Specifications:
Wheel Size: 3.5J x 15 ET35
Tire Size: 115/70
Sidewall Height: 3.17"
Section Width: 4.53"
Overall Diameter: 21.34"
Circumference: 67.04"
Revs per mile: 974.70
Weight: Approx. 20 lbs.

NOTE: From the MINI owners manual:

Driving with the space-saver tire

Drive cautiously. Do not exceed a speed of 50mph/80kph.

You must expect changes in vehicle handling such as lower track stability during braking, longer braking distances and changes in self-steering properties when close to the handling limit. These effects are more pronounced when driving with winter tires.

Only one space-saver tire may be mounted at one time. Reinstall a wheel and tire of the original size as soon as possible.

Check the tire inflation pressure at the earliest opportunity and correct it if necessary. Replace the defective tire as soon as possible and have the new wheel/tire assembly balanced.

Technical Information:
Run Flat Tires - Explained De-Mystified

Run Flat Tires explained - Mini Mania Inc.

Most everyone dreads a flat tire. Not only are they inconvenient, but drivers who haven't experienced a blowout at speed wonder how they'd react. And no one likes the idea of being stuck at the side of a busy road in nice clothes with an unplanned dirty job to do.

Run-flat or zero-pressure tires are intended to support the weight of the car for a short time, providing the driver with 100 or so miles of range to get off the highway and find a repair shop. Sounds like a slam-dunk no-brainer, right? But is it really that simple?

The players

Two kinds of zero-pressure tires exist in the market today. Both types still require the usual amount of air to provide day-to-day performance.

Self-supporting tires (SSTs) are the original and most common run-flat type. Heavily reinforced sidewalls support the vehicle after air departs the scene. This sort of run-flat is designed to fit on normal wheels with no modifications.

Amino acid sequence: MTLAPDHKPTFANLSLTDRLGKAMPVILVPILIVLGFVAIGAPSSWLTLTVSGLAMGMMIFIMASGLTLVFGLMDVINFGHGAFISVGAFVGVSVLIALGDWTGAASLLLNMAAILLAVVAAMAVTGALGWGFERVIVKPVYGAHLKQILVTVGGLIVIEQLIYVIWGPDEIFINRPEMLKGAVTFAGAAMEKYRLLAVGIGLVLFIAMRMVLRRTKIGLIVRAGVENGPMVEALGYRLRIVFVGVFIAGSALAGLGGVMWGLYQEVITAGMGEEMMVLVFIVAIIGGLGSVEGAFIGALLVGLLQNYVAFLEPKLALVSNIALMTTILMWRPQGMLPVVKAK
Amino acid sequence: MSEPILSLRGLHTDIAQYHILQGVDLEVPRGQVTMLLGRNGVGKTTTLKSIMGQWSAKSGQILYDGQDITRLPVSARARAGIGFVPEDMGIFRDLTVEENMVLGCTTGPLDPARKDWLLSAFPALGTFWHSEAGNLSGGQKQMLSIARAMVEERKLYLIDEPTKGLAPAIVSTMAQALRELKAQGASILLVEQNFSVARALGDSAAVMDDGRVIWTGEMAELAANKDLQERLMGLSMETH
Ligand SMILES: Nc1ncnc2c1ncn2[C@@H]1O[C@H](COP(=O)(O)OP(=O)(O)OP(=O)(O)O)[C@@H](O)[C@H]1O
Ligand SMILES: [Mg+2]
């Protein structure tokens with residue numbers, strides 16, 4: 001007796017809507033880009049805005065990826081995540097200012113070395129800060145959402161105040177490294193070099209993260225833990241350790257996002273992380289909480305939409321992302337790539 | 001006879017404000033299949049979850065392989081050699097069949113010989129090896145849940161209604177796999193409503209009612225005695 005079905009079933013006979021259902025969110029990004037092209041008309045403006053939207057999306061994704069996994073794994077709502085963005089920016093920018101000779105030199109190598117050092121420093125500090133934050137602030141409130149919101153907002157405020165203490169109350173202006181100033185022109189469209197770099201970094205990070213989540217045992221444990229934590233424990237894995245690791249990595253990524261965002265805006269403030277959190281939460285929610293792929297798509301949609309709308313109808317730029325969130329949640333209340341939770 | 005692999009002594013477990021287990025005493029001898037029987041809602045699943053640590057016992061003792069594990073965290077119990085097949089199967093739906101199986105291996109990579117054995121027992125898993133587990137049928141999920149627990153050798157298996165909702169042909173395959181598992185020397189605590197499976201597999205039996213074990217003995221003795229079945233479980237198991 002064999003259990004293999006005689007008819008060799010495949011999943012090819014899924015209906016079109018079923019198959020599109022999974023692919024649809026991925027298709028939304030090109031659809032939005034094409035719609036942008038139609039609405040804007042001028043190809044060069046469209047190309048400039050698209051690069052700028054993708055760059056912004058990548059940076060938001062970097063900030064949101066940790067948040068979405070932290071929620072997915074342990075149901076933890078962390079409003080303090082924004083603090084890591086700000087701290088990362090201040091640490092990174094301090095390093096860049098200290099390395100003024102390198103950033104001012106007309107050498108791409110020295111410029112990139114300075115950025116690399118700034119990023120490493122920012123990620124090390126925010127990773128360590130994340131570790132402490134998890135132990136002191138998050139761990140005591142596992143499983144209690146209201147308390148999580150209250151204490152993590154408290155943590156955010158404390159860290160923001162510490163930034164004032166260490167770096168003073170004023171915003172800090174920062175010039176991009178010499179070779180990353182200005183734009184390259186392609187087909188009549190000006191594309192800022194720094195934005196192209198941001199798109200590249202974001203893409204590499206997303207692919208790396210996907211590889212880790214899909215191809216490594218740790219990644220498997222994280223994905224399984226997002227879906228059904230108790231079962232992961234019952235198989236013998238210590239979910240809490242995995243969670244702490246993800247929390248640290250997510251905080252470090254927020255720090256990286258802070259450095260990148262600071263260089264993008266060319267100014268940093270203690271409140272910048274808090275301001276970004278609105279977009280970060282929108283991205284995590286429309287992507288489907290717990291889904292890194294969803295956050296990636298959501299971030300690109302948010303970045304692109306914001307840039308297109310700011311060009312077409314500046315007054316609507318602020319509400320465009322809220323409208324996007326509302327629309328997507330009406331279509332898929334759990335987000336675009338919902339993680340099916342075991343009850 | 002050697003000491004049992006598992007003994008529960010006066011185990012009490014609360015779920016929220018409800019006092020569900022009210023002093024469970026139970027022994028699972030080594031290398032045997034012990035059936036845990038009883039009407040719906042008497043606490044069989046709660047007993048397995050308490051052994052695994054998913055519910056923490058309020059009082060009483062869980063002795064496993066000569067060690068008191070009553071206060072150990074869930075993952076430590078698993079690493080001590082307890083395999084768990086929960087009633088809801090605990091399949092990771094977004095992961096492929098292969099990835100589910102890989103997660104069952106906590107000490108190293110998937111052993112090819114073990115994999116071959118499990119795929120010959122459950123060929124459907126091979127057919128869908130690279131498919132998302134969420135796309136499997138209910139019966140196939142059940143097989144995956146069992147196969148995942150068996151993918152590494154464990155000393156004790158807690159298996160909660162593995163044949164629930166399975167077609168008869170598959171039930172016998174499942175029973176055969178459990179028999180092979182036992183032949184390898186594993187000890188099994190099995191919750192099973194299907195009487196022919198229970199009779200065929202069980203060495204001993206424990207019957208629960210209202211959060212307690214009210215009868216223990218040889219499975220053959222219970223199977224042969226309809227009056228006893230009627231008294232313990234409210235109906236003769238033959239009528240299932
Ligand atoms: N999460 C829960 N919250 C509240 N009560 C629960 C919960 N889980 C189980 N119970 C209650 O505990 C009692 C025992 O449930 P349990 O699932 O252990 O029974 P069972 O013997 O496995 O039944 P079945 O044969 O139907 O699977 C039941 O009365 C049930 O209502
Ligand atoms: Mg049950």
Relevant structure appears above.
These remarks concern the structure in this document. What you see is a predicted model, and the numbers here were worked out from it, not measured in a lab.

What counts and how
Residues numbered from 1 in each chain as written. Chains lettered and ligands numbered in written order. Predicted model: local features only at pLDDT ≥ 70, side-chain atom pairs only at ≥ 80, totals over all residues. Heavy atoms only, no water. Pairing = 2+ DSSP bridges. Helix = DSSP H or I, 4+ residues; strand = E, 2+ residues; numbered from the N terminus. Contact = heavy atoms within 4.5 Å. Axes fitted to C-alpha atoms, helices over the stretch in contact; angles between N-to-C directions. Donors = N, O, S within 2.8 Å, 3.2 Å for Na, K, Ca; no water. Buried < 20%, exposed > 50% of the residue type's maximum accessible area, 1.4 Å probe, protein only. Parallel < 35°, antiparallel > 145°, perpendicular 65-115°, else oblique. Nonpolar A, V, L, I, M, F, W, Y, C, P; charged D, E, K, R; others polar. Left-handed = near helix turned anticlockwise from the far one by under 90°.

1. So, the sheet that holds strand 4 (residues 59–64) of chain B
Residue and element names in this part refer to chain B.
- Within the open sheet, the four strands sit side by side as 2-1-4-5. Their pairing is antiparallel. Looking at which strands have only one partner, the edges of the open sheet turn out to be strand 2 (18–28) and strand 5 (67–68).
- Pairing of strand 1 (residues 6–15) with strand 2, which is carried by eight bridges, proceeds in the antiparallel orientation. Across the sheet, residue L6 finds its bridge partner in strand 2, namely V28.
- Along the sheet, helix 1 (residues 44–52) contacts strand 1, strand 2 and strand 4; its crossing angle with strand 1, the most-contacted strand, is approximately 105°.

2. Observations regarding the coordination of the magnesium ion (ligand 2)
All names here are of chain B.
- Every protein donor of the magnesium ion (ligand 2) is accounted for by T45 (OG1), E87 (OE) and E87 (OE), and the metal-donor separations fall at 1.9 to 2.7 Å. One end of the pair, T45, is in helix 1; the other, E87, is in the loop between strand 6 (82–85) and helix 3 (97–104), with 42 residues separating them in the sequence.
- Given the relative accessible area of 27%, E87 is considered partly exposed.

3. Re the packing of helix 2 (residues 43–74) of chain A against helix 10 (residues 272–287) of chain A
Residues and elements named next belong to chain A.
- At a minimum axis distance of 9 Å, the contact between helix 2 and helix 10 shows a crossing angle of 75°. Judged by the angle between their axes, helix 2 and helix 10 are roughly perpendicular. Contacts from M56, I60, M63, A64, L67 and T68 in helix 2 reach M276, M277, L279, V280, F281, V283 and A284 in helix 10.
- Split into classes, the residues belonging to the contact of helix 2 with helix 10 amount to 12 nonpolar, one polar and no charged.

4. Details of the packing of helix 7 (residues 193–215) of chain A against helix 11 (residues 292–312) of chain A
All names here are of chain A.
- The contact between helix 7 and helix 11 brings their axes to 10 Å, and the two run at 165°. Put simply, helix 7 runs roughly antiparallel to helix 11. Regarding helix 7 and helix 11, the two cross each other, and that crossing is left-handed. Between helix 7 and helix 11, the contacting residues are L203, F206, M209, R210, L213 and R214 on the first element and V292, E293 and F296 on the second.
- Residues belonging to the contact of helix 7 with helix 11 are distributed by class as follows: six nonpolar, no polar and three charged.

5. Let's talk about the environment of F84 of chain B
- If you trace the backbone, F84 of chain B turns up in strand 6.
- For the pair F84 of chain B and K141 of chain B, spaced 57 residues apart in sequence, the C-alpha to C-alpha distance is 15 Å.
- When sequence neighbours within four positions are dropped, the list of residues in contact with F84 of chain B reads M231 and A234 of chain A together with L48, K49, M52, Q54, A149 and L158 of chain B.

Run Flat Tires explained - Mini Mania Inc.

Michelin's PAX, a patented auxiliary support run-flat system, is a relative newcomer. PAX sidewalls, while still stiffer than normal tires, are not as rigid as SSTs. Instead Michelin designed a unique wheel that positions a semi-rigid "support ring" inside the tire to hold the car up when the air goes bye-bye. A non-standard bead design is necessary where wheel and tire meet.

Enter TPMS

A side effect of the stiff sidewalls found on run-flats is that they never look flat. As a result, the danger of driving on underinflated tires is even greater, as many people don't check their tire pressures until they "look" low.

To counter this problem, the use of tire-pressure monitoring systems (TPMS) has become mandatory in run-flat applications. Since run-flats only provide a limited zero-pressure driving range, TPMS is critical to help the driver know when the mileage clock starts ticking, and more importantly, when time is up.

The good

  • You can drive on a flat tire — The chief benefit of a run-flat tire is the ability to drive 100 or so miles after all air has gone. Drivers usually have to reduce speed to about 50 mph to get that range. The owner's manual will have exact figures for each tire/vehicle application.
  • Better stability after a blowout — Because the tire can support the vehicle without air, a sudden deflation results in less weight transfer and tread destabilization. Steering and handling remain near normal.
  • Lower vehicle weight — With the spare eliminated, and sometimes the jack and tools as well, vehicle weight should theoretically go down. It's not as much as expected, because run-flat tires weigh more, owing to those reinforcements. In fact, a Honda Odyssey with PAX actually gains weight.
  • Repairability — SST run-flat repair guidelines are nearly similar to those for standard tires. Michelin's PAX has more stringent repair procedures, including a warning that repairs can only be carried out at a "Michelin PAX System authorized servicing dealer." In either case, if the zero-pressure driving distance or speed is exceeded, the tire might need outright replacement. Furthermore, tire sealant-in-a-can leak repair products shouldn't be used, because they can foul many types of TPMS air-pressure sensors.

The bad

  • No spare — Run-flat-equipped vehicles carry no spare, and sometimes the jack and tools are omitted as well. In fact, eliminating the spare and reallocating that space to some other purpose (styling, third-row seat, interior room, etc.) is a big reason why run-flats are offered.
  • Harder ride — The stiff sidewalls that make a run-flat work also result in a harder ride. PAX sidewalls are not as stiff as SST sidewalls, lessening the effect somewhat. Yes, the suspension tuning can be adjusted to compensate, but the loss of tire compliance is never fully recovered.